Around four in ten parents say that they or someone else in their household gave up a job or changed their working hours in the past year to look after their children. Black (53%) and Hispanic (44%) parents are more likely than white parents (32%) to report that their household was interrupted due to childcare needs, as do lower-income parents (51% of parents with household incomes below .40,000 US dollars.) Dollars) compared to those with higher incomes (35% of those with incomes of $ 40,000 or more).

Of parents who say they quit their job or changed their work schedule to care for their children during the pandemic, over half (54%) say they still haven't gotten to a pre-pandemic work schedule have returned, which equates to one in five (21%). of all parents. About four in ten lower-income parents (39%), a third of black parents, and a quarter of Hispanic parents said their household had a work break and has still not returned to work or hours prior to the pandemic.

Many parents report that these employment interruptions due to childcare needs have negatively impacted their stress levels, family finances, and mental health, including greater proportions of Black and Hispanic parents and those with lower incomes. About one in four Black and Hispanic parents say their household has experienced a job interruption related to childcare that has had a profound impact on their family's finances and stress levels. Of parents with household incomes of less than $ 40,000, one third reported a break from household work that had a major impact on their stress levels (33%) or family finances (33%), and one in five (21%) ) reported such a disorder has a huge impact on their mental health. The proportions reporting these effects are much lower among white parents and those with higher incomes.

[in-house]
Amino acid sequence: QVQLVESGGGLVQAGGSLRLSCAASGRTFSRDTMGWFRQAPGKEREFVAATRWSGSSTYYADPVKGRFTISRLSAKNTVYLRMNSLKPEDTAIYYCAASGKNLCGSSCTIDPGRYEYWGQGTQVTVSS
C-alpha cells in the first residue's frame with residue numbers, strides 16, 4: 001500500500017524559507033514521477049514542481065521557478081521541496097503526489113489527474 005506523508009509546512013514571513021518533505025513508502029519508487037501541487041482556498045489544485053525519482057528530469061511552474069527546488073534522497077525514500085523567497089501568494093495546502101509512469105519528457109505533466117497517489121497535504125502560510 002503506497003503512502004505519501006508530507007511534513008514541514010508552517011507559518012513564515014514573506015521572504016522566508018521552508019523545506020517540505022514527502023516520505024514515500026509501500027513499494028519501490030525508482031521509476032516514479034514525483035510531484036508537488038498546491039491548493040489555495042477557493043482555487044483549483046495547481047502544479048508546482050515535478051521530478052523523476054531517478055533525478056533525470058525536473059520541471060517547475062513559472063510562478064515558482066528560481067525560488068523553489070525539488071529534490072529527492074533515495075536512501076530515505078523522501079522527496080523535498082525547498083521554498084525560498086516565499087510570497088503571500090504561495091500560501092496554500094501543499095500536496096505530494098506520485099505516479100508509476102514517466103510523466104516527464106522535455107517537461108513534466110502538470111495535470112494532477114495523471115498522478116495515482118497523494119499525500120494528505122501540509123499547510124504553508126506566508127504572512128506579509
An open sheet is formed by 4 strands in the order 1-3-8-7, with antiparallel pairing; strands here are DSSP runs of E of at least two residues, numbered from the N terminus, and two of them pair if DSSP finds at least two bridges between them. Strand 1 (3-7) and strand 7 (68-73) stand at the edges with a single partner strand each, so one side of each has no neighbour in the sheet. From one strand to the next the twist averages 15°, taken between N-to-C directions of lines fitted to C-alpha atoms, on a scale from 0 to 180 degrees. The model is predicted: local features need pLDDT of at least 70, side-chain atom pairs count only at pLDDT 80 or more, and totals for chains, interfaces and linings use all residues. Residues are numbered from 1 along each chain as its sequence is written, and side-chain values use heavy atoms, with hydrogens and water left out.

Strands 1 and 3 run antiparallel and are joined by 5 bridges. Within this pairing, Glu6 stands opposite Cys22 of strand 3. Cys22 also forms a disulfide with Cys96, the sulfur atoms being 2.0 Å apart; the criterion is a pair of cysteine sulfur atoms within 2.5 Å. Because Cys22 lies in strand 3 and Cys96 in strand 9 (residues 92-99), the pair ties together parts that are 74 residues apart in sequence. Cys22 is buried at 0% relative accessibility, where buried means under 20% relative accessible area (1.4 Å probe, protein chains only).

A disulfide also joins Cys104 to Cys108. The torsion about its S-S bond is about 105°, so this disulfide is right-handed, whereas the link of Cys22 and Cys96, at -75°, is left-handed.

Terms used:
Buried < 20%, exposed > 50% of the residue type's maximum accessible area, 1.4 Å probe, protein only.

The new report shows that parents who experience household stoppages due to childcare are more likely to report that their children are academically retarded (51% vs. 32%), retarded in social and emotional development (49% vs. 28%) ). or had mental health problems (41% vs. 21%) compared to those who had no work interruption during the pandemic.

The KFF vaccine monitor: The effects of the coronavirus pandemic on the well-being of parents and children was designed and analyzed by pollsters from the KFF and carried out from July 15 to August 2 on a nationwide representative, probability-based sample of 1,259 parents with one child under 18 years in her household. The interviews were conducted in English and Spanish, online (908) and over the phone (351). The sampling error margin for the entire sample is plus or minus 4 percentage points. Results based on subgroups may have a higher margin of error in sampling.

The KFF COVID-19 Vaccine Monitor is an ongoing research project that tracks public attitudes and experiences with COVID-19 vaccinations. Using a combination of surveys and qualitative research, this project tracks the dynamics of public opinion during the development and diffusion of vaccines, including the trust and acceptance of vaccines, the need for information, trustworthy messengers and messages, and the public's experience of vaccination.

Comments are closed.